My Dog Ate A Sock: What Should I Do?

WHAT SHOULD I DO IF MY DOG SWALLOWED A SOCK?

Your dog ate a sock and now you are panicking, wondering what the next step should be, how do you help your furry friend?

It may be a surprising act for you, but dogs seem to enjoy chewing and eating on anything within their reach. Remember, dogs are curious animals and there are few items that are immune to their curiosity, most vets will agree, dogs love to eat socks!

 Life is forever changed when you become a dog owner. Many surprises and mishaps will be in store as you navigate through life with your furry friend.

What Should I Do If My Dog Ate a Sock?

If you are sure your dog ate a sock, there are a few things to keep in mind. A small dog eating a sock, especially a large one, can develop problems or obstruction requiring a visit to the vet for an endoscopy procedure (a long, flexible camera inserted in the dogs’ throat) to remove the object.

If you are sure your dog ate a sock, there are a few things to keep in mind. A small dog eating a sock, especially a large one, can develop problems or obstruction requiring a visit to the vet for an endoscopy procedure (a long, flexible camera inserted in the dogs’ throat) to remove the object.

Due to the swelling that can occur, your vet may need to refer you to a specialist to perform an endoscopy if the object is not easily retrieved.  It is important to note many dogs, especially large dogs, will either throw up socks or pass them in their stool. If you don’t see the object come out in a few days, or if your dog starts acting ill, it is recommended you take them to see the vet.

How Do I Know If My Dog Ate A Sock?

If you are not sure whether your dog ate a sock, but you notice telltale signs of an obstruction, you need to take your dog to the vet.

Aside from the fact you no longer have a match for those favorite pair of socks, if you are unsure if your dog has ingested a sock, here are some suggestions I have found in my research.

Make note of your dog’s actions, look for lethargy, obvious pain in the abdomen, vomiting, having difficulty defecating, loss of appetite, signs of pain, bloating or dehydration, or any other signs of illness. You know your dog and what actions are normal for him or her, if you notice any of these signs it may ease your mind to seek medical attention.

Often items are difficult to see on x-rays, a veterinarian can look at the dogs’ stomach with an endoscope allowing them to see foreign objects in the dog’s intestines.

It is important to note you should try to keep yourself composed, take a deep breath, and try to figure out the best course of action for your dog. Being mindful your actions in this situation will have a large impact on how your dog reacts. The last thing you want in this situation is for your dog to feel your anxiety and become panicked.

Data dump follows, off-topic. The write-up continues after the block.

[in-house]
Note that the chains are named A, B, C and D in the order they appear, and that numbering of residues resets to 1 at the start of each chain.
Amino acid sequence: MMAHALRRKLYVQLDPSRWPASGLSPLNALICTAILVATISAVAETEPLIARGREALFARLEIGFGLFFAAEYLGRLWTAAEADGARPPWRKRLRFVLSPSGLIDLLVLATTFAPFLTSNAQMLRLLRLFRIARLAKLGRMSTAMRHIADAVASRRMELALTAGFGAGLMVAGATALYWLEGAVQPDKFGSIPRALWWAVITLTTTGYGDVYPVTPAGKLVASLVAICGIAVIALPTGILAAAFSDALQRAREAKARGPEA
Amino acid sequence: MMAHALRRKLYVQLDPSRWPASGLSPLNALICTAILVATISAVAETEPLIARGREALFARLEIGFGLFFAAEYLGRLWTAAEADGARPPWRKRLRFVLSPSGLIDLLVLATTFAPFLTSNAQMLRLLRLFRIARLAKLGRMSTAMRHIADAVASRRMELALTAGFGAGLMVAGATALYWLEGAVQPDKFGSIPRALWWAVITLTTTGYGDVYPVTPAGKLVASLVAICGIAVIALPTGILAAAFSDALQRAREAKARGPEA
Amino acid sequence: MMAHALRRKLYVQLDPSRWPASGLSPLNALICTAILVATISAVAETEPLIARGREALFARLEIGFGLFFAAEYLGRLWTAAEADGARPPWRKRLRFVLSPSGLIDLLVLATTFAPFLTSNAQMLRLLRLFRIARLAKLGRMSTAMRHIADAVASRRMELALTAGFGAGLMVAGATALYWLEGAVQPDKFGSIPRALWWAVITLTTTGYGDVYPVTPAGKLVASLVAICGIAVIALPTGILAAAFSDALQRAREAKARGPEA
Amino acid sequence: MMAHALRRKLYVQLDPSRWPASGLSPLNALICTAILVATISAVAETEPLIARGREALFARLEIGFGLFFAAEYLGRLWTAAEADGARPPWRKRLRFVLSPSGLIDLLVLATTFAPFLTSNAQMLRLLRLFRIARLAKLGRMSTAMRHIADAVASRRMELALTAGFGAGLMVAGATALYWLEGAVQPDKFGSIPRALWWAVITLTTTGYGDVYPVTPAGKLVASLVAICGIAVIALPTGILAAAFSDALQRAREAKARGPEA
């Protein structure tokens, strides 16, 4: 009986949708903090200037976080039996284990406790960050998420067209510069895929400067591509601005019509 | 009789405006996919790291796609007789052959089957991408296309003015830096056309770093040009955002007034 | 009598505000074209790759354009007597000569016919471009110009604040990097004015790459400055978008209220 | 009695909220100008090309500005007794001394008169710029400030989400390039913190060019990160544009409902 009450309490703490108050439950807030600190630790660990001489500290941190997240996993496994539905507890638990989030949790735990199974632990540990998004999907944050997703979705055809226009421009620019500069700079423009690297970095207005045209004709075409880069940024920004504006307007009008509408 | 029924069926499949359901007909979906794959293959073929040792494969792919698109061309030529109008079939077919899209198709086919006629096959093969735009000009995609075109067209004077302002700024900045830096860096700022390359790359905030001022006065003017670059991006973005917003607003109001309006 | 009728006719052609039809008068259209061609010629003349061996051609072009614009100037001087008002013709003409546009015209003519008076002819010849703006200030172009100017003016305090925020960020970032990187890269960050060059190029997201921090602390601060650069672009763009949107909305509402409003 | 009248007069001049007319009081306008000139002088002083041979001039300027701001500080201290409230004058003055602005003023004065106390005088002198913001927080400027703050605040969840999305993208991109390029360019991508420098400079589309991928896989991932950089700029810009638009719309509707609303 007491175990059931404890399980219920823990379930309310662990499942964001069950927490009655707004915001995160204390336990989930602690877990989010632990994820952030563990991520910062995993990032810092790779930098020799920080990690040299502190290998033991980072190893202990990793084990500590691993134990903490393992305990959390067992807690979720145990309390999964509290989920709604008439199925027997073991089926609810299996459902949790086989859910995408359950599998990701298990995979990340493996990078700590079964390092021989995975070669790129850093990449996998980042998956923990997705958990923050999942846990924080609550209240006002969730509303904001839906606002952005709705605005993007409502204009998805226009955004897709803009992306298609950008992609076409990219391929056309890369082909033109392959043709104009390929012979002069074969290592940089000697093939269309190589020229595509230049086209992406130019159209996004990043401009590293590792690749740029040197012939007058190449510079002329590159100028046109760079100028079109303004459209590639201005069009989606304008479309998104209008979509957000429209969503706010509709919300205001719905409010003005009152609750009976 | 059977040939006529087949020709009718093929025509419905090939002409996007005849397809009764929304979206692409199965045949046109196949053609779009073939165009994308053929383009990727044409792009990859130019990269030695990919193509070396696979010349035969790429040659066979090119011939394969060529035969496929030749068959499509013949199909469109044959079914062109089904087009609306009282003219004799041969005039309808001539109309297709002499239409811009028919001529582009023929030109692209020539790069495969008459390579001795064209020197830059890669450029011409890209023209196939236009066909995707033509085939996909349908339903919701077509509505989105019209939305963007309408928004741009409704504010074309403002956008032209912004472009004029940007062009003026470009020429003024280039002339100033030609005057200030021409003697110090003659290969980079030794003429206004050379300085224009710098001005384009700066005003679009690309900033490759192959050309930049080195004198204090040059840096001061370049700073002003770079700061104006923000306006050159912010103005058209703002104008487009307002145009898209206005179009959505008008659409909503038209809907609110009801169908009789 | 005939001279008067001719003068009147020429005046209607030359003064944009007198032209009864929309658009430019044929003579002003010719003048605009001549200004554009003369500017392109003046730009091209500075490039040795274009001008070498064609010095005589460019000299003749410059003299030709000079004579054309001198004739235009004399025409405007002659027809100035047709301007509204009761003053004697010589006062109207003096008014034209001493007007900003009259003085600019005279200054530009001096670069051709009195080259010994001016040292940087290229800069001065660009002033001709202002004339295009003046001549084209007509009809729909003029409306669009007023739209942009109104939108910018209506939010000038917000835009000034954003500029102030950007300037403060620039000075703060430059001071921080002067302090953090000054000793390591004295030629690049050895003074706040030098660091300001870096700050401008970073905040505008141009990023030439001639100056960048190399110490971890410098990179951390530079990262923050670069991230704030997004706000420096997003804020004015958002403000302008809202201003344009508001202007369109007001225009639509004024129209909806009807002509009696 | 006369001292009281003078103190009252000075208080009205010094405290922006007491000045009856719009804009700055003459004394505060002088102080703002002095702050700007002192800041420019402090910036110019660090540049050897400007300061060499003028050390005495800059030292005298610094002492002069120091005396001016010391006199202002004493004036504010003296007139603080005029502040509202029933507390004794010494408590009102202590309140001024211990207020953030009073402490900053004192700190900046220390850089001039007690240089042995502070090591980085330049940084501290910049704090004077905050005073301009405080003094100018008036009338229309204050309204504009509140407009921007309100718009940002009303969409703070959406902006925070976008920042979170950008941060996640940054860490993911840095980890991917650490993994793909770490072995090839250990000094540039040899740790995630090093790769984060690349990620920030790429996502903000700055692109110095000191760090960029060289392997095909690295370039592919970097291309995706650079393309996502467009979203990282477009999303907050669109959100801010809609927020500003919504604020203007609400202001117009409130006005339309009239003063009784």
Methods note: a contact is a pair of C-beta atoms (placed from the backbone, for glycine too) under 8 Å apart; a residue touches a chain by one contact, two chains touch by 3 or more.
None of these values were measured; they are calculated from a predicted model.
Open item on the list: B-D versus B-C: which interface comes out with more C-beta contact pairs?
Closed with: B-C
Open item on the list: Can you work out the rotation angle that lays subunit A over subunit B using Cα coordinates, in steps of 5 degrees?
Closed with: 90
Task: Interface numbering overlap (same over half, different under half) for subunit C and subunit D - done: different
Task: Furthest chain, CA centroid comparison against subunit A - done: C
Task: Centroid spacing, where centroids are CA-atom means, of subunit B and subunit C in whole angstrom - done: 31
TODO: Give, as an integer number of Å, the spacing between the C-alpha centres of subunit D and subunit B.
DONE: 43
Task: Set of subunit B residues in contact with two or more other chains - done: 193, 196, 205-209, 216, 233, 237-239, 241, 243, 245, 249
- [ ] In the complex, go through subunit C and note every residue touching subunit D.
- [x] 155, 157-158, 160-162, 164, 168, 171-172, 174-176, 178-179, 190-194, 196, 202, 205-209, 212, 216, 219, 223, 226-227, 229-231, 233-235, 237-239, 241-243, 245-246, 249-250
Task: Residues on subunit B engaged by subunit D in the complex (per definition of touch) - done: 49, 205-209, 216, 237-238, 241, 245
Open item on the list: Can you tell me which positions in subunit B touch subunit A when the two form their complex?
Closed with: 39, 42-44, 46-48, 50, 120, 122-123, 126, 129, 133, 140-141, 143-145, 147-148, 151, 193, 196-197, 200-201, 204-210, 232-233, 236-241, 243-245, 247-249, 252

What Are The Symptoms Of A Blockage In A Dog?

The symptoms of a blockage in dogs include vomiting profusely, especially if he is not eating or drinking, this is a sign of obstruction requiring immediate medical attention.

If your dog is not typically a dog that vomits but starts vomiting several times in a week, this should be a warning sign your dog could have something stuck in their stomach.

Blockage in a dog is a serious medical condition requiring surgery to remove the item. Blockages can occur not only in the stomach but also in the intestines as the sock works against the flow of blood, causing the blood flow to be repressed or completely stopped.

If this condition is not addressed immediately, the tissue in the intestine will begin to die, leaving your pet in a life-threatening situation. The digestion of a sock could cause the sides of the dogs’ intestine to become severely irritated producing ulcers or perforations from the constant scraping of the sock during the involuntary contractions. Further, the type of sock can have a direct impact upon the actions the vet may take, thick, wool socks, versus thinner tennis socks, can help determine the proper course of treatment.

How Long Does It Take For Things To Go Through A Dog’s Digestive System?

The amount of time it takes for things to go through a dog’s digestive system is typically 10-24 hours to move through the entire digestive tract.  Some objects, however, can take a much longer time depending on the size of the object, which can prove too large to progress through the digestive tract.

A dog’s digestive system is an efficient one, depending on its digestibility, food can stay in a dog’s stomach much longer than a human, which is normally four to five hours.